My five-year-old niece, Miss A, came over to hang out with me this morning. When I picked her up today, she knew that we were headed to Wal-Mart for some of life’s necessities (Think, milk. And bread.), so she had a five dollar bill of her own to spend.
Her instructions, handed down to her by her parents, were rather simple: No toys. While we were driving in the Suburban, I asked her why she wasn’t allowed to buy toys with her money. She sighed and said, “It’s because my mom thinks I have way too many toys. I don’t think I have too many toys, but my mom does, so now I have to wait a long, long time until I can buy toys again. I’ll probably be ten years old by then.”
Shopping with Miss A is an entirely different experience than shopping with the boy. At one point, she grabbed my arm, shook it vigorously to gain my attention and shouted out, “Look! They put up a little glass wall where they sell the gum! I think that glass wall looks so much better than what they had before, and I love how the gum looks in front of that glass wall!”
Had I been shopping with the boy, he would have missed the newly-installed glass wall completely and simply asked, “Hey, can I get gum?”
After we’d loaded the cart with bread and milk and chicken and the like, I turned to Miss A and asked, “Okay, what would you like to spend your money on?”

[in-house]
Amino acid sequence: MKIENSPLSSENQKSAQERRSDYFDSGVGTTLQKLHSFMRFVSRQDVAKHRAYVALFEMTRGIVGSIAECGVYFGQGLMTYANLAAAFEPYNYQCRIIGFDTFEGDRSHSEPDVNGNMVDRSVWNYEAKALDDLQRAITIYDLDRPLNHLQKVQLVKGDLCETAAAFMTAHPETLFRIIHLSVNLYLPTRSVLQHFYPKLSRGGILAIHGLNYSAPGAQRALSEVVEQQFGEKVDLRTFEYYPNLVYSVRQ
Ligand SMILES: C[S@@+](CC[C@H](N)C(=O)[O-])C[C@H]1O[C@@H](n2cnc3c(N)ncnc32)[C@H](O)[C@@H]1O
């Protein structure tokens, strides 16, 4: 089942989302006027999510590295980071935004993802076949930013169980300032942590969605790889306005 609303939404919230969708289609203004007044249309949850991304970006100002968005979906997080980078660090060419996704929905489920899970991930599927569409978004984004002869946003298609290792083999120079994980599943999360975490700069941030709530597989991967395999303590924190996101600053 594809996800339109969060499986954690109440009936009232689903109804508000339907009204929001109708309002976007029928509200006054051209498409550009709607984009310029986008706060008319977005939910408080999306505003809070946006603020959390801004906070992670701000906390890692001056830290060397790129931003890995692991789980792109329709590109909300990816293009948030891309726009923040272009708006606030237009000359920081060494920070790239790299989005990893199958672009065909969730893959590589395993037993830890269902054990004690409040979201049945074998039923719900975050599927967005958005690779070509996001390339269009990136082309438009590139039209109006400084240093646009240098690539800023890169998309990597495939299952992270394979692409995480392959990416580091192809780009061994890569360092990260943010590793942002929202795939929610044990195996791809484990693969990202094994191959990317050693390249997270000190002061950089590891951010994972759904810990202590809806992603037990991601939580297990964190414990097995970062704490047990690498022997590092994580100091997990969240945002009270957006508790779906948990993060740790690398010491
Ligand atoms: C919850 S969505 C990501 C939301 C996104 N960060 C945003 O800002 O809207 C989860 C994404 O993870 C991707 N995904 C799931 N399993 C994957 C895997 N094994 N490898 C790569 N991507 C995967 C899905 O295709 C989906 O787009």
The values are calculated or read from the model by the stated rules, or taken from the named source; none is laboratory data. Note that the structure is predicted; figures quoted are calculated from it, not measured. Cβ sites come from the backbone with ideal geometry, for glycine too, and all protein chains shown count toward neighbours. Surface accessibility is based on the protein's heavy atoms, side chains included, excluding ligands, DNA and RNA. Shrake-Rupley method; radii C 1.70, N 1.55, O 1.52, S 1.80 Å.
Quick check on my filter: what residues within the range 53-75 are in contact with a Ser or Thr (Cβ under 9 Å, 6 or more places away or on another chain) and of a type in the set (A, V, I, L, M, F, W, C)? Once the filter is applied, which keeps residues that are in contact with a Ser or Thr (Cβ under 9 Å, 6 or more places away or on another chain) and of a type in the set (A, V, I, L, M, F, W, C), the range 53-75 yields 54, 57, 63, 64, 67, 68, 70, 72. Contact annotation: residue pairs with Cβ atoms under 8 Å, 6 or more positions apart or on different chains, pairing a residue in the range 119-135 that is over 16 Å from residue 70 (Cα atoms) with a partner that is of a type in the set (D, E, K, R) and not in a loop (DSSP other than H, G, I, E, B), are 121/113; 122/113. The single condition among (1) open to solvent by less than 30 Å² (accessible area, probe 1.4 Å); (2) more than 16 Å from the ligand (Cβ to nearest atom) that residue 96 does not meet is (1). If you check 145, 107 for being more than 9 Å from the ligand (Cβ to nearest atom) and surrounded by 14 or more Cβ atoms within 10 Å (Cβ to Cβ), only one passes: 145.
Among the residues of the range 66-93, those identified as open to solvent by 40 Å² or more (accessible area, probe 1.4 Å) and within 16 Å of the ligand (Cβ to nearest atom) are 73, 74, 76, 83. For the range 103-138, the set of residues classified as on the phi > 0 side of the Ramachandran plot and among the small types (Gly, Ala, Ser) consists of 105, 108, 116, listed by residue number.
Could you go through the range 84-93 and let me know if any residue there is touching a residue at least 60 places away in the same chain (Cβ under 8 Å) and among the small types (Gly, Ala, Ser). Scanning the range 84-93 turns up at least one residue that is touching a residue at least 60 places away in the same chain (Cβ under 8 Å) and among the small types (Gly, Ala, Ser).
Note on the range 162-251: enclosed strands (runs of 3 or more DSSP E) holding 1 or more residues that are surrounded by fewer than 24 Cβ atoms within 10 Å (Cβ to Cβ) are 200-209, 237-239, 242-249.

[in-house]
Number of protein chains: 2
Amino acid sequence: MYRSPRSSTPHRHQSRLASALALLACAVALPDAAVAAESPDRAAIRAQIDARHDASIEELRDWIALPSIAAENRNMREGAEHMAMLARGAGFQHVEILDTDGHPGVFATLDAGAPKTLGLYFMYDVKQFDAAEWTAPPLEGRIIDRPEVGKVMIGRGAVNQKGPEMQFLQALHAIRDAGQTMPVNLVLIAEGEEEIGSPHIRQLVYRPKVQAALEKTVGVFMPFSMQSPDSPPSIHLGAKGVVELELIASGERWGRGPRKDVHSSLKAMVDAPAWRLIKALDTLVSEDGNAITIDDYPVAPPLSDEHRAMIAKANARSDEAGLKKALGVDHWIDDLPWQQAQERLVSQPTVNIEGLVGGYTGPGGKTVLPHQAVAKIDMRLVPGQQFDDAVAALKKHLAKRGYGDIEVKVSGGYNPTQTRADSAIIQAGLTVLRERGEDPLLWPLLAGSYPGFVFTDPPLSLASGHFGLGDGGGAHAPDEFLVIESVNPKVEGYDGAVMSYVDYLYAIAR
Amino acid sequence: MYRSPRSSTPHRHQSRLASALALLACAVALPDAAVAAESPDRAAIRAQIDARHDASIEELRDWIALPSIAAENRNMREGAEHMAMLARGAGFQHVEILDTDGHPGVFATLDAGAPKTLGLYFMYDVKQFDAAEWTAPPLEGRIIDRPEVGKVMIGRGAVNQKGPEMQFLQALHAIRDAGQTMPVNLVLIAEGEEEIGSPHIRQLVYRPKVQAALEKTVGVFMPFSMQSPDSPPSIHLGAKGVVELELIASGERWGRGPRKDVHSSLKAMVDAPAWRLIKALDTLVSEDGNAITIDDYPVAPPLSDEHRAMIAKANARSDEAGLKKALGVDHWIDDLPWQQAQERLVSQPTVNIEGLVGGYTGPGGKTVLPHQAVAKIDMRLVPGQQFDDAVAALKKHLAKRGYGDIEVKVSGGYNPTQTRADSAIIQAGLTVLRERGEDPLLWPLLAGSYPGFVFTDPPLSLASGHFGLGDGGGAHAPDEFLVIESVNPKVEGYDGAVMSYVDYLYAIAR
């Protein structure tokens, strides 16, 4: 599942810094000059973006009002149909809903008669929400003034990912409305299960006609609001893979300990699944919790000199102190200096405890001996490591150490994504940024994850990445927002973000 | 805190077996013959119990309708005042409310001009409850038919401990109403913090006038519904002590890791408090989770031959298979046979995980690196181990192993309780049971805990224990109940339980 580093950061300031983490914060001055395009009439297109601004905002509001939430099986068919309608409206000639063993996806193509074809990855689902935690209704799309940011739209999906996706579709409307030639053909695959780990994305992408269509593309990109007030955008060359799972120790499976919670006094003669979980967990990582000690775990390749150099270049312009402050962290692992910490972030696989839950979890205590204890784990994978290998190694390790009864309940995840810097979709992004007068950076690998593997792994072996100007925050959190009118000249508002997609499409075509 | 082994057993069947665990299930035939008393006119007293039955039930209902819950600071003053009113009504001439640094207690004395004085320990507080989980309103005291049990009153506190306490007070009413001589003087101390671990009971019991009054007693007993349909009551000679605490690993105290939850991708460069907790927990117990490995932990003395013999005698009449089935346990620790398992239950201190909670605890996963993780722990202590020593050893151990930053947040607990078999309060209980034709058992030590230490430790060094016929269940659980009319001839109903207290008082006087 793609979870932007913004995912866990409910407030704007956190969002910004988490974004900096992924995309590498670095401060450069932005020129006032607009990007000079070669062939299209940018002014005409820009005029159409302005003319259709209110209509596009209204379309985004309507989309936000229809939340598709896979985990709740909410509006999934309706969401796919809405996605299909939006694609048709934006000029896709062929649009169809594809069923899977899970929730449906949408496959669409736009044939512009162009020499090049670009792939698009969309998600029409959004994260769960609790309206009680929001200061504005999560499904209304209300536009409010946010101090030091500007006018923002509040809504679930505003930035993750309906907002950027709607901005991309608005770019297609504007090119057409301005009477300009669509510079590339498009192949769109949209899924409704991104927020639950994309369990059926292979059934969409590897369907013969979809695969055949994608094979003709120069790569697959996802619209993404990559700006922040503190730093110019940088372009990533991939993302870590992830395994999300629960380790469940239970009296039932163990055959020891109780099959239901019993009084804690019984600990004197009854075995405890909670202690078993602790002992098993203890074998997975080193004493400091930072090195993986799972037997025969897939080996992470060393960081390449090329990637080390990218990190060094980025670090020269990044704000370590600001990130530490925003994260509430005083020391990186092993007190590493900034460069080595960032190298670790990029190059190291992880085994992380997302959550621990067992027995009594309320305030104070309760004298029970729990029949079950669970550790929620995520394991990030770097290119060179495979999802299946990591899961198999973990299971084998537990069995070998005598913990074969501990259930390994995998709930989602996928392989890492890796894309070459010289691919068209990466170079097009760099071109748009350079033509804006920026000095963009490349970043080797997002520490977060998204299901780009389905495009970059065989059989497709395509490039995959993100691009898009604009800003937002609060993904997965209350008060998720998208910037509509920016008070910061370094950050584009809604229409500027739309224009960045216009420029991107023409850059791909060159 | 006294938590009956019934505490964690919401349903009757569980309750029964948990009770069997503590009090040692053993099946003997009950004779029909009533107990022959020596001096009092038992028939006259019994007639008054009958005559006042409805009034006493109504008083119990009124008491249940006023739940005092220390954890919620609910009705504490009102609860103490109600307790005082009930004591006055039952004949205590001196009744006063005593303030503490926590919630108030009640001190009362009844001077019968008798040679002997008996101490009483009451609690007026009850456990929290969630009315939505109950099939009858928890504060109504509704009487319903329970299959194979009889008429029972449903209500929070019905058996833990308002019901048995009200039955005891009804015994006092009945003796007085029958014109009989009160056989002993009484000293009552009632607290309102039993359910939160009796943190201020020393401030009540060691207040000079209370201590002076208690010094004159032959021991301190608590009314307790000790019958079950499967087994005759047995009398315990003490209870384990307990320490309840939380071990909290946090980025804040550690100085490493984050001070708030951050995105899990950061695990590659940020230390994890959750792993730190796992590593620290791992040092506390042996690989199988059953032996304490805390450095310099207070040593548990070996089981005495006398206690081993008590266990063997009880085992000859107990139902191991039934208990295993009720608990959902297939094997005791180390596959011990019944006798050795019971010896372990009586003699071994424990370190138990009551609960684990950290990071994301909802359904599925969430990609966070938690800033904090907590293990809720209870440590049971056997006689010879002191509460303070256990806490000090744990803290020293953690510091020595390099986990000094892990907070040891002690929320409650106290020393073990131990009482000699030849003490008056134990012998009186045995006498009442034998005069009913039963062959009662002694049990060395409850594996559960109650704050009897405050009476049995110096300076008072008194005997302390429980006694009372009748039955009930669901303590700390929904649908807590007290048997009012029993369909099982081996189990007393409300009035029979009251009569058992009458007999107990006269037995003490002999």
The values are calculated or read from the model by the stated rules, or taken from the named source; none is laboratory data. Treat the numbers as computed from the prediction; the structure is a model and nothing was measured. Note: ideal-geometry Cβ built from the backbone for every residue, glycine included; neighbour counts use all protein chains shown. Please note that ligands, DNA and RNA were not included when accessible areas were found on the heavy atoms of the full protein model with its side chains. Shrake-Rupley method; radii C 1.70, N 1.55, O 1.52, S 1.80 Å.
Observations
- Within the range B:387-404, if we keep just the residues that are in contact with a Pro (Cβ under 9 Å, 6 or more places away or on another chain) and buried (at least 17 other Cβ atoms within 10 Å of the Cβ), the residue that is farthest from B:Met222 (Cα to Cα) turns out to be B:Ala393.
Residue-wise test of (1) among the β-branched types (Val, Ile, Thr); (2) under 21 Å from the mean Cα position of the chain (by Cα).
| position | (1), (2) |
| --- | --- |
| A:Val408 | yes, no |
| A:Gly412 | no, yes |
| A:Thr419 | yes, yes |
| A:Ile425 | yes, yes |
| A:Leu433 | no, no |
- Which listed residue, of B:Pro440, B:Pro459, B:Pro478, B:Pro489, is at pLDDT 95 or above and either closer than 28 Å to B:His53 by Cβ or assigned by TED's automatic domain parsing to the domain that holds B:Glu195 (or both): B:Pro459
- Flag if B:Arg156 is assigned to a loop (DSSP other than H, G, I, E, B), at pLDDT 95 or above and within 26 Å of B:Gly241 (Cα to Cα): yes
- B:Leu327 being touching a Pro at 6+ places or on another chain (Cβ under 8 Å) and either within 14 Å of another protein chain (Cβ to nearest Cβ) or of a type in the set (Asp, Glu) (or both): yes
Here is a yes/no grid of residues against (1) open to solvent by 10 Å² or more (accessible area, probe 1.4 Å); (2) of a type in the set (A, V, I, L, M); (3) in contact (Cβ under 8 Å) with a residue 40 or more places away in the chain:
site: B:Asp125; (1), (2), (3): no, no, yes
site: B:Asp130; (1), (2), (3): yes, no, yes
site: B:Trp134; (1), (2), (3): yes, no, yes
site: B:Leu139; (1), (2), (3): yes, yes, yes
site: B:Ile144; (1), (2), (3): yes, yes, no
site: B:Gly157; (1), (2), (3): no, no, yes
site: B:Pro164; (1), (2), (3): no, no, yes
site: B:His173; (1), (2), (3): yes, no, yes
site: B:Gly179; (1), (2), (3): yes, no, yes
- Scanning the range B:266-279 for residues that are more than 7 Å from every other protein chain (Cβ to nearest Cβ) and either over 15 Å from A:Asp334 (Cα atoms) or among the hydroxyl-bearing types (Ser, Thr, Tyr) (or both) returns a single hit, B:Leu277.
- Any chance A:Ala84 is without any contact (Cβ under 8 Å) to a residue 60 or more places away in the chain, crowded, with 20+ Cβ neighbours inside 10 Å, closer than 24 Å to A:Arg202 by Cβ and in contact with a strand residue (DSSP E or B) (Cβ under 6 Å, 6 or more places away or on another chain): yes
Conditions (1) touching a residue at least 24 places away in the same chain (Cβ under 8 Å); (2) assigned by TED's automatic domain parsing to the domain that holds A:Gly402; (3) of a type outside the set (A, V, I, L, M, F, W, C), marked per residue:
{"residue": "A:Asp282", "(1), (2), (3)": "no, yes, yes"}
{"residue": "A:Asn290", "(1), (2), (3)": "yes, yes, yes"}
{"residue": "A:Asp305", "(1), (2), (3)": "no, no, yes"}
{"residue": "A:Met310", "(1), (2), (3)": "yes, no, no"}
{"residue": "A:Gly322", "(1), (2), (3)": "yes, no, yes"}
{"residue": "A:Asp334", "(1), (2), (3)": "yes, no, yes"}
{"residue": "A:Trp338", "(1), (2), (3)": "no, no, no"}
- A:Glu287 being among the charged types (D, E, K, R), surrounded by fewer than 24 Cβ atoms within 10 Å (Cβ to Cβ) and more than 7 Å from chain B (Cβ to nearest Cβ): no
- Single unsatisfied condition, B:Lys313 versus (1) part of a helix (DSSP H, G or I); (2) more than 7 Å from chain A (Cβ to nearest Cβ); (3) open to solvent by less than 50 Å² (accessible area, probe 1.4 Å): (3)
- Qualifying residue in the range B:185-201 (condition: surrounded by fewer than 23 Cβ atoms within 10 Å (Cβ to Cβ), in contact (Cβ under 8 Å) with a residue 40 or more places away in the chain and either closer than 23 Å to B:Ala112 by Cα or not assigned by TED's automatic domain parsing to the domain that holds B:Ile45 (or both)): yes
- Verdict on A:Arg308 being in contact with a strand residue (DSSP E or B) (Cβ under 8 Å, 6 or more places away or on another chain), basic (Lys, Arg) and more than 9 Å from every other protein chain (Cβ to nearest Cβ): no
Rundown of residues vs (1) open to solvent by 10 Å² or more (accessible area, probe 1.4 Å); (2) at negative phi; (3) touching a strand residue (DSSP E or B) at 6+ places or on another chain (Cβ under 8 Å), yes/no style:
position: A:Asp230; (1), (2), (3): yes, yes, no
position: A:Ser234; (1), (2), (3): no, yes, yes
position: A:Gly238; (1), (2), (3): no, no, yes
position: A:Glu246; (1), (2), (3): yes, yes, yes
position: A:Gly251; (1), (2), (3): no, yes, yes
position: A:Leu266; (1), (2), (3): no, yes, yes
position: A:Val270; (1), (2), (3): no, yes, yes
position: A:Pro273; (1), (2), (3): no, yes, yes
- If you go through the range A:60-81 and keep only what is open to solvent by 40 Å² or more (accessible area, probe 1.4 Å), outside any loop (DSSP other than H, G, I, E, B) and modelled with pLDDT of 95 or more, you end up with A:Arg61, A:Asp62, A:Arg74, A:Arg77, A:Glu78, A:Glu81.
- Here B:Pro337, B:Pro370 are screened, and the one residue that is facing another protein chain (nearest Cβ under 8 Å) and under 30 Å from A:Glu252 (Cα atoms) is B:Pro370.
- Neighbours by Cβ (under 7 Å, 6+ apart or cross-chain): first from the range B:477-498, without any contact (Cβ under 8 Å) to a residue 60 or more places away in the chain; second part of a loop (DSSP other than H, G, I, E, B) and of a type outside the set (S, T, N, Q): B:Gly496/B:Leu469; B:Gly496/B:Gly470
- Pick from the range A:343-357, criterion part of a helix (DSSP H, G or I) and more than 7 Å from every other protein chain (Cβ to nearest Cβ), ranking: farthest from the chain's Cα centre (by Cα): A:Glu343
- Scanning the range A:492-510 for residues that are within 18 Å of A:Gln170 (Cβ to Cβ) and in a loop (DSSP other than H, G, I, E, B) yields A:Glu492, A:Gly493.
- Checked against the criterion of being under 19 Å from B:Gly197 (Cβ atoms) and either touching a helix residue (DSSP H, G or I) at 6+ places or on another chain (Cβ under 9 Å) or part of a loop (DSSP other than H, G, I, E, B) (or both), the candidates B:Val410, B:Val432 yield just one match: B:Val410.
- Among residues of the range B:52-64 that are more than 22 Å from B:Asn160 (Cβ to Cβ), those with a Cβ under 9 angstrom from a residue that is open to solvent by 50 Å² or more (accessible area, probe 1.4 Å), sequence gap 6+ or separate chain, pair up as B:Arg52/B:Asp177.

She grinned, from ear to ear, and whispered, “Follow me.”
She knew exactly where she was going — the toy department. I began phrasing apologies to her parents in my head. “Well, actually she didn’t buy the toy; I bought it for her. Does that count?” I was surprised when she walked through the bright-pink Barbie aisle, pointed at a doll from The Princess and the Frog movie, and stated, “When I can finally buy toys again, I’m going to buy THIS Barbie. I just love her so much.”
For a five-year-old, she had some serious willpower. We kept walking.
And we stopped right in front of the hoola hoops. Miss A looked at me and asked, “I’ve been wanting a pink hoola hoop all of my life, but I’m not sure if it’s a toy or not.”
I looked at Miss A and stated, “It’s definitely NOT a toy; it’s athletic equipment! And your brothers get new athletic equipment all the time. You know, hockey sticks and soccer cleats and mouth guards for football.” Miss A grinned from ear to ear again, and we loaded the pink hoola hoop into our cart.
It cost exactly $1.49, and it brought a couple hours’ worth of entertainment to us this morning. Miss A kept shouting out, “Get your camera! Take a picture of me while I’m hoola hooping!” I’m not accustomed to being asked to take pictures! Usually the boy grumbles and whines, “Not your camera again!”